In a few days we fly to China, where we will visit The Great Wall, a now-crumbling, once-mighty barrier meant to keep China safe and free from marauders from the West. I am particularly looking forward to traversing sections of the wall that are not maintained for tourists. Lots of the wall is tumbling down, one brick at a time.
When Jane and I began our world travels way back in 1997, one of the first places we visited was Belfast. The Troubles seemed to finally be ending, and Northern Ireland was just coming out of a long, dark period. It actually appeared to be on the road to recovery. However, when we walked around Falls Road and Shankill, the “Peace Walls” and armoured vehicles didn’t do much to convince us that peace would be lasting.
While living in LA, we ventured down to Tijuana a few times. When you walk across the border from San Ysidro, you get a clear view of the US-built wall that’s supposed to keep Latin America separated from the north. The US border fence now covers some 3,000 km, yet does very little to stem the flow of people – people desperate for a better life – into America. Nor does it keep US weapons from heading south to arm drug lords in Mexico and beyond.
Can putting a wall up really bring peace and stability?
Open The Borders
Today being Tag der Deutschen Einheit, the anniversary of the official re-unification of Germany in 1990, and a public holiday ever since, Jane and I rode our bikes to the East Side Gallery, the last remaining section of the Berlin Wall.
For the last six months, we have seen constant reminders of the Iron Curtain and its role in separating people in the East from those in the West. Coming to see this piece of the Berlin Wall clarifies the past in a way a park, monument, or placard cannot.
Its solid physical presence makes it easier to imagine what it might have been like to walk along it when it surrounded West Berlin, not really knowing what or who was on the other side.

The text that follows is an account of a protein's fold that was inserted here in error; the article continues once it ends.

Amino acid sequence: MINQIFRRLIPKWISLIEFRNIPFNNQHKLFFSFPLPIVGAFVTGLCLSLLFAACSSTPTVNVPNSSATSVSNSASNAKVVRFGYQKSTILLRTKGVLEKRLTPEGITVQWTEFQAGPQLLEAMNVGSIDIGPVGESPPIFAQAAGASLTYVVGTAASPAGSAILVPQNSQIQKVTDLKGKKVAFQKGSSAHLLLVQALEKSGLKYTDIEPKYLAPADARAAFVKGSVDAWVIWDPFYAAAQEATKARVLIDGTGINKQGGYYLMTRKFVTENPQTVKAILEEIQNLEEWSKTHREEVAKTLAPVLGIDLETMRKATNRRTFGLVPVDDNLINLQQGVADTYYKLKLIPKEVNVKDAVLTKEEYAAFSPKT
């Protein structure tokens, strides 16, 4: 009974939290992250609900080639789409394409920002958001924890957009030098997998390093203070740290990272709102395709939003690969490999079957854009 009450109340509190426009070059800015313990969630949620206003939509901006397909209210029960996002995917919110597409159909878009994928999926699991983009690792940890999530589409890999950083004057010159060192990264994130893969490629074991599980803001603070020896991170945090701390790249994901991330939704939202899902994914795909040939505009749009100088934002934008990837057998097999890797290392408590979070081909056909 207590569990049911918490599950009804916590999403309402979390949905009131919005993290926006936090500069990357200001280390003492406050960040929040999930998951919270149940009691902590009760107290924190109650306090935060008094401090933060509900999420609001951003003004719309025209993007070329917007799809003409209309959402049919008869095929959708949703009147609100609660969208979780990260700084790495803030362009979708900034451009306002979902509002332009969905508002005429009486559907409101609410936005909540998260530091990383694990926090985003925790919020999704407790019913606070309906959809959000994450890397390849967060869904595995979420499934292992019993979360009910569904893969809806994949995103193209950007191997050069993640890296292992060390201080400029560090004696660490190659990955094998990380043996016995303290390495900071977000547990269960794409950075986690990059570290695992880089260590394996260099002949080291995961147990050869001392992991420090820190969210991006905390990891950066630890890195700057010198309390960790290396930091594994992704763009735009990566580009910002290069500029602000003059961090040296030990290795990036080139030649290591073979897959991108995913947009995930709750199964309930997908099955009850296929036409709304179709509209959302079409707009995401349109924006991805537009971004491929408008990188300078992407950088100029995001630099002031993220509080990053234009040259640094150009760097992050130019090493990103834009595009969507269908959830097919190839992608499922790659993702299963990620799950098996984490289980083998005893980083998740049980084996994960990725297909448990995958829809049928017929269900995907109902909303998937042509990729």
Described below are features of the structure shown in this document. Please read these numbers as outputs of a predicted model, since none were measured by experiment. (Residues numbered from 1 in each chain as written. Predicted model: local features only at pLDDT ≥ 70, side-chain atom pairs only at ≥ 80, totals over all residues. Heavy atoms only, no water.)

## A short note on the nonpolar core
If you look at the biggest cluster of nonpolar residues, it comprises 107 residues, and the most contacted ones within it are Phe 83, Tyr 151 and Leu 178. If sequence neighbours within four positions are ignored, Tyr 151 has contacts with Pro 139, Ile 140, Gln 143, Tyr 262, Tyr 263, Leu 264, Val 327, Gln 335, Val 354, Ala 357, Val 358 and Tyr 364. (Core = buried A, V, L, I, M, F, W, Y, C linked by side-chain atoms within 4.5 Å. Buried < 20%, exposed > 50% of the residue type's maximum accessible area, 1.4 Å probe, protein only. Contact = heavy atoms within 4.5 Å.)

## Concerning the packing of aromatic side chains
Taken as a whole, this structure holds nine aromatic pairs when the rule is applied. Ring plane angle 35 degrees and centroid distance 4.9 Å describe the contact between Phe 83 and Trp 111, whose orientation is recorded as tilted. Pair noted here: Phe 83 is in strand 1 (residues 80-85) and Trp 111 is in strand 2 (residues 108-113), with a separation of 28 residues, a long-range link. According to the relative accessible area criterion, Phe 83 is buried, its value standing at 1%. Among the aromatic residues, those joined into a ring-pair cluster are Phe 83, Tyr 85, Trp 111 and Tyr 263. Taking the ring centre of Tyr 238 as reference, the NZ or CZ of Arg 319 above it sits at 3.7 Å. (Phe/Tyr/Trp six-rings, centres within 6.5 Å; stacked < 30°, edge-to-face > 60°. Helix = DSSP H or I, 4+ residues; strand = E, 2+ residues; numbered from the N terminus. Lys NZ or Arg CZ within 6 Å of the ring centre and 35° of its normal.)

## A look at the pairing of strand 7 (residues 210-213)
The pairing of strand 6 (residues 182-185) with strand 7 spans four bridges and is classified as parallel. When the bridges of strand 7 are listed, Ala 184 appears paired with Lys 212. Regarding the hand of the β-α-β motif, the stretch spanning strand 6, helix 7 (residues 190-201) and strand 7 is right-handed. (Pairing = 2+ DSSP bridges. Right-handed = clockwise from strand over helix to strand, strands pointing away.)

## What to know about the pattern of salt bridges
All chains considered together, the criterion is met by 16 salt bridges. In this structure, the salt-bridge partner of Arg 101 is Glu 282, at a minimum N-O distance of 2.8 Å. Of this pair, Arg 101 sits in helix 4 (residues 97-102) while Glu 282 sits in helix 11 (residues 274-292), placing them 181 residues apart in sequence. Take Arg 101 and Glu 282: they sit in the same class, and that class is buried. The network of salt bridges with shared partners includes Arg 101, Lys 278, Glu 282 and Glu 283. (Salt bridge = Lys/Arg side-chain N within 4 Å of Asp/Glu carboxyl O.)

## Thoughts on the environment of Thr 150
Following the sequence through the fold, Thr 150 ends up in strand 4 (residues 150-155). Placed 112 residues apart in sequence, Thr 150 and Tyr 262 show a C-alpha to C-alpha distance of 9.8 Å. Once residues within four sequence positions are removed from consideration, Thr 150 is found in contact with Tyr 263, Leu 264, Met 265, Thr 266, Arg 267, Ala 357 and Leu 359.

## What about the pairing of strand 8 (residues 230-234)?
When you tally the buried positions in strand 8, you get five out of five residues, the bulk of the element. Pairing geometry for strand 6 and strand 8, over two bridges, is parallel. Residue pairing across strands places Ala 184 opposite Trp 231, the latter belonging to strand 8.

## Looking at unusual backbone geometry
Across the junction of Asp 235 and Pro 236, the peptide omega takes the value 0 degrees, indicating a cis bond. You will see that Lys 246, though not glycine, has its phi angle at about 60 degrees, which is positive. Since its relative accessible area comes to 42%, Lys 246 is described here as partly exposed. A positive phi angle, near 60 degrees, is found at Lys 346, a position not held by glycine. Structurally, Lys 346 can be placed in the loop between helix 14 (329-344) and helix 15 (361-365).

The wall is now an art gallery that runs along the shore of the Spree, with murals on every surface. Many of the murals relate to freedom, to human rights, and to the breaking down of barriers.
It is a stark reminder that Europe as we know it now is a very new concept.
Currently, there is a photo exhibit on the west side of the wall Called Wall On Wall. It is a series of photographs by Kai Wiedenhöfer. He travelled the world shooting the walls humans build to keep people on one side from gaining access to the rights, freedoms, and prosperity enjoyed by those on the other side.
The photos are displayed commentary-free, but they speak volumes. Being here, in Berlin, and now able to walk on either side of the wall, to be free to move and live as we please, is a luxury that Berliners still do not take for granted.
Hopefully this exhibit will make foreign visitors to the city pause, reflect, and appreciate the freedoms they have, and those their own government restricts.
The rest of our day we spent ticking off things on our To Do list. Repairing holes in our panniers with the magic that is Sugru. Washing our tent. Cleaning soot off of our camp stove.
Sorting through every bag and deciding what goes with us, what goes in the garbage, and what goes. Adjusting a few nuts and bolts on my bike.
And, whenever there is a spare moment, trying to figure out just how we’ll tackle cycling in the enormity that is China. ♥
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Hi, I’m Stephen, full-time travelling yoga teacher & founder of Adventure Yoga. I’ve taught yoga in 25 countries and have had adventures in 50! At My Five Acres, we inspire you to live your most adventurous life and help you to travel more and more mindfully.